Cover image for Battle creek
Battle creek
Lasser, Scott.
Personal Author:
First edition.
Publication Information:
New York : Rob Weisbach Books, [1999]

Physical Description:
265 pages ; 25 cm
Geographic Term:
Format :


Call Number
Material Type
Home Location
Item Holds
X Adult Fiction Central Closed Stacks

On Order



A man who has spent his adult life juggling the roles of coach to an amateur baseball team, father to his estranged son, and caretaker to his own disapproving father, finds his life coming apart at the seams when, during one single season, his pitcher loses his arm, his son drifts further away, and he learns his father is dying of cancer. NPR sponsorship.

Reviews 3

Booklist Review

The men in Lasser's salutary baseball novel all harbor deep regrets beneath the gleam of their spiffy team uniforms. Gil Davison has been coaching their amateur Michigan team, Koch and Sons (originally sponsored by a funeral home), for 30 years, always making it to the finals and never clinching it. This year he's determined to win. He's creeping up on retirement. His diffident father is wasting away in an old-folks' home, still stubbornly disapproving of his son's passion for the game, and Vince, Gil's assistant coach and close friend, who had his glory days on the mound long ago, is dying of emphysema. The championship, Gil has come to believe, is the only possible protection against impending grief. And it's in reach. The team has never been better. Gil's pitcher, Mercer, a stockbroker and ladies' man, played ever so briefly in the majors and still has a golden arm. And Gil's just signed a new kid, Luke James. Fresh out of prison after serving time for murder, he may be a risk, but he's a hitter of such power and precision that he's worth the gamble. And so the season begins, and Lasser glides lithely between high-energy scenes on the field and sensitive illuminations of the thoughts of his obsessive yet sweet-natured heroes. An accomplished first novelist, Lasser subtly connects the love of baseball to the love good men nurture shyly for women and children and for their friends, writing with all the finesse and conviction of the ballplayers he reveres. --Donna Seaman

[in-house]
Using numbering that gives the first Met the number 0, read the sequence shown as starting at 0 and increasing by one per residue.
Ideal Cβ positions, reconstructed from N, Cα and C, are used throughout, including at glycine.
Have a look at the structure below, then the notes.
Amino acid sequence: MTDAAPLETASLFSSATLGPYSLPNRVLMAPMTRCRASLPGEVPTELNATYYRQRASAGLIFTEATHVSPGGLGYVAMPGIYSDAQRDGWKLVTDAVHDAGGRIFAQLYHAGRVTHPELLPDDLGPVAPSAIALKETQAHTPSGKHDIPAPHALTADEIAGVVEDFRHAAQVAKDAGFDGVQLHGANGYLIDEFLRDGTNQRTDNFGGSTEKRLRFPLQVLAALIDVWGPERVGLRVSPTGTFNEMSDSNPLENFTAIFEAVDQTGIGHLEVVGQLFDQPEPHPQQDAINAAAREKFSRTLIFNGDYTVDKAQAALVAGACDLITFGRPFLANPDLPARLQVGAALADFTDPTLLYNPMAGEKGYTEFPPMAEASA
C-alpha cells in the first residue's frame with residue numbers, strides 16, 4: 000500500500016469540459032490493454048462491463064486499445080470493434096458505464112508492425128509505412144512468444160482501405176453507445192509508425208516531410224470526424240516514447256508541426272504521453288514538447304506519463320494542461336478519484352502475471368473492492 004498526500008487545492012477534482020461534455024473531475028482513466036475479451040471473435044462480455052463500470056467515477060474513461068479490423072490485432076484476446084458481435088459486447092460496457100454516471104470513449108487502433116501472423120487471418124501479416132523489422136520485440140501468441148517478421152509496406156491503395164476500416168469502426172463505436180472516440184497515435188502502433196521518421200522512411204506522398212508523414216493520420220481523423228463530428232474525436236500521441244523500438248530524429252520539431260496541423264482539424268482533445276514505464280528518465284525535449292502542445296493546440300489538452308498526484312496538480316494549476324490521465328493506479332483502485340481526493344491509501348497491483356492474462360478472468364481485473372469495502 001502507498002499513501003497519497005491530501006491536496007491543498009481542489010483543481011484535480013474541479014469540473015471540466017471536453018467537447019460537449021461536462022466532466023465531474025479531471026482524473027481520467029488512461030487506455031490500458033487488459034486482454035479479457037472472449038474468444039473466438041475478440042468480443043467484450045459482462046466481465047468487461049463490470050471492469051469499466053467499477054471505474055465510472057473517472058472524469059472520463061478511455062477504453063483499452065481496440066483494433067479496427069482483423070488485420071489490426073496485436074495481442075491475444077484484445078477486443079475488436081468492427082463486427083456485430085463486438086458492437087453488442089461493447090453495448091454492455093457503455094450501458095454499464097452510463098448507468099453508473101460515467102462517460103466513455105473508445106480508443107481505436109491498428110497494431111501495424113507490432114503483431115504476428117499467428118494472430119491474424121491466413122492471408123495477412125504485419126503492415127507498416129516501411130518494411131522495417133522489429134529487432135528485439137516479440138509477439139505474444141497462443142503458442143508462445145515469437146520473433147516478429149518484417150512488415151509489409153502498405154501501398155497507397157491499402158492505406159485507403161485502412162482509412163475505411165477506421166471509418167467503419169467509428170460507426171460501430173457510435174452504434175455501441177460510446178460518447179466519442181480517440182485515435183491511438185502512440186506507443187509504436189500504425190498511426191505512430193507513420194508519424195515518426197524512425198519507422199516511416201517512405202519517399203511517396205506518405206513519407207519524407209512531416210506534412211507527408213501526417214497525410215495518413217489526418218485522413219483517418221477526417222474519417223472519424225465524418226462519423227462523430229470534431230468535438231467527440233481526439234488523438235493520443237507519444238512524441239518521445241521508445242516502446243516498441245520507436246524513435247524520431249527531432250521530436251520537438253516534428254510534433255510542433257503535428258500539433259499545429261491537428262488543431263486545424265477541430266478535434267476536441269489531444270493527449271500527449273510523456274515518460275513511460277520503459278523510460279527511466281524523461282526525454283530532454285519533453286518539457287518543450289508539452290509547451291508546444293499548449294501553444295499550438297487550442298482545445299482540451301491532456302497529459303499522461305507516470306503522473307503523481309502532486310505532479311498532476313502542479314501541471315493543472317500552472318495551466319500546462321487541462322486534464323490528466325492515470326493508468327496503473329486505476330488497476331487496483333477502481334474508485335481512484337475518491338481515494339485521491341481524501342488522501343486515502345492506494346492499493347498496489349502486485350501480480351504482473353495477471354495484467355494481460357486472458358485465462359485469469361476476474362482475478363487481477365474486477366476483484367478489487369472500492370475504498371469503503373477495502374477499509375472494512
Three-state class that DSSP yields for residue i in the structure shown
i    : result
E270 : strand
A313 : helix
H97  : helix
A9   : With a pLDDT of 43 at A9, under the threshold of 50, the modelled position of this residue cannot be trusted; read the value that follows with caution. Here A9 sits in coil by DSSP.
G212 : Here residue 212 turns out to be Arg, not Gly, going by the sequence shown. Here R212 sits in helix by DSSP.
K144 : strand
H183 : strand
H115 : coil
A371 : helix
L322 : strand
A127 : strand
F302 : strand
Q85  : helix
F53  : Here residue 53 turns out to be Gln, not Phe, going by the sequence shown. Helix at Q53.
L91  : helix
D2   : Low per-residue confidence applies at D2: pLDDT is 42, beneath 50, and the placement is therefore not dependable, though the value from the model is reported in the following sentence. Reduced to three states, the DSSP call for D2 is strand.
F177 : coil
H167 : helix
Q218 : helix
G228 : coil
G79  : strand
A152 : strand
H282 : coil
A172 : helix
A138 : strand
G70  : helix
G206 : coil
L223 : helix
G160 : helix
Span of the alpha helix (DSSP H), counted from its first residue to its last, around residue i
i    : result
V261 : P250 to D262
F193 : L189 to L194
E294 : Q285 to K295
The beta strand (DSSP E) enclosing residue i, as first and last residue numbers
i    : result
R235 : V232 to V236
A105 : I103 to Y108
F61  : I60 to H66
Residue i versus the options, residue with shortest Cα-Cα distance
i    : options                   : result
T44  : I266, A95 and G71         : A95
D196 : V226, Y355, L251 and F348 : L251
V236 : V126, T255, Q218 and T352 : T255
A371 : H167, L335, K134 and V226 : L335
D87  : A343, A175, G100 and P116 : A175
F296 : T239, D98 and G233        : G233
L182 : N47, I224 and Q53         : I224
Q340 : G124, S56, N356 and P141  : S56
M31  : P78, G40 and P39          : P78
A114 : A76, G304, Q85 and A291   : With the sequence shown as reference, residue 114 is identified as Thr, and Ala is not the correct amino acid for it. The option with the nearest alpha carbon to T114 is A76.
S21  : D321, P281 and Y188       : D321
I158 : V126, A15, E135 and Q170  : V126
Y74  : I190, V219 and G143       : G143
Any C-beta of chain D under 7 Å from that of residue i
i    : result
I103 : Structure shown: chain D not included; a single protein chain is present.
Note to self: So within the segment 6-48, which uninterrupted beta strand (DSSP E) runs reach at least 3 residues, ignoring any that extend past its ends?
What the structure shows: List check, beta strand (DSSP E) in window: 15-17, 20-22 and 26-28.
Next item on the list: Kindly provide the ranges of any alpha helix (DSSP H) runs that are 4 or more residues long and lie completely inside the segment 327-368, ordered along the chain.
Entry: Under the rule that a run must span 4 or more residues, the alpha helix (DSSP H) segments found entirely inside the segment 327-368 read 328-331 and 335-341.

Publisher's Weekly Review

"Cigarettes and baseball. These are not unusual vices," thinks one of the middle American, late middle-aged characters in Lasser's powerful novel of thwarted lives. A bleak metaphor for middle-class dreams, the story imagines the defining effect one season of amateur baseball imposes upon the lives of a small group of players and their women. Now 60, Gil Davison gave up a promising baseball future three decades ago to placate his autocratic father, who considered his athletic achievements a waste of time. By way of vicarious engagement, and beginning with his own two sons, over the past 30 years Gil has become a coaching legend around the baseball fields of suburban Detroit. His star pitcher, 34-year-old stockbroker Ben Mercer, had two weeks in the big leagues with Baltimore. Nursing an arthritic elbow, the fastballing lady-killer has finally met a woman who is his match, and that's bad for his game. Vince Paklos, Gil's astute sidekick, had a meteoric month-long stint with a major league team. Chain-smoking his way through the final days of terminal emphysema, Vince needs money to keep his life insurance in force. Out on parole after serving five years for murder, at age 22 Luke James is a batting wonder who needs someone to find him a girl, pay his room and board and keep him out of jail. His team a perennial runner-up, idealistic Gil has always played by the rules in both life and ball, but he has never won the national championship held at Battle Creek. Luke's arrival comes at a critical time, and Gil's single-minded desire to earn the title becomes a matter of life or death when his 98-year-old father lies half-blind in a nursing home, sitting on money that's more than enough to make Gil's dream come true. First-time novelist Lasser's stark morality play is conveyed in undecorative prose. His language favors honesty over musicality but the narrative, with its poignant and disturbing insights into father-son relationships and its acceptance of the frailty of the human condition, is completely engrossing. Agent, Jennifer Walsh, Virginia Barber Agency. BOMC selection; film rights, Scott Rudin; author tour. (May) (c) Copyright PWxyz, LLC. All rights reserved

Library Journal Review

This fine first novel deserves every bit of the excitement it is generating. Gil Davison, coach of an amateur baseball team that has always made it to the championship finals but never won, is resolved that this season they will win it all. A man who has always loved the purity of baseball, he finds that the thirst for winning leads him to compromises that are hard to live with. The book also explores the other key members of his teamÄthe aging pitcher who cannot admit to the pain his arm is giving him, the assistant coach who is dying of emphysema, the young phenom who would long since have been tearing up the major leagues if he hadn't been in prison for beating the brains out of his girl's other guy. The baseball is lovingly, truthfully described, as are the men's friendships and betrayals. All public libraries will want this. [BOMC selection.]ÄMarylaine Block, St. Ambrose Univ. Lib., Davenport, IA (c) Copyright 2010. Library Journals LLC, a wholly owned subsidiary of Media Source, Inc. No redistribution permitted.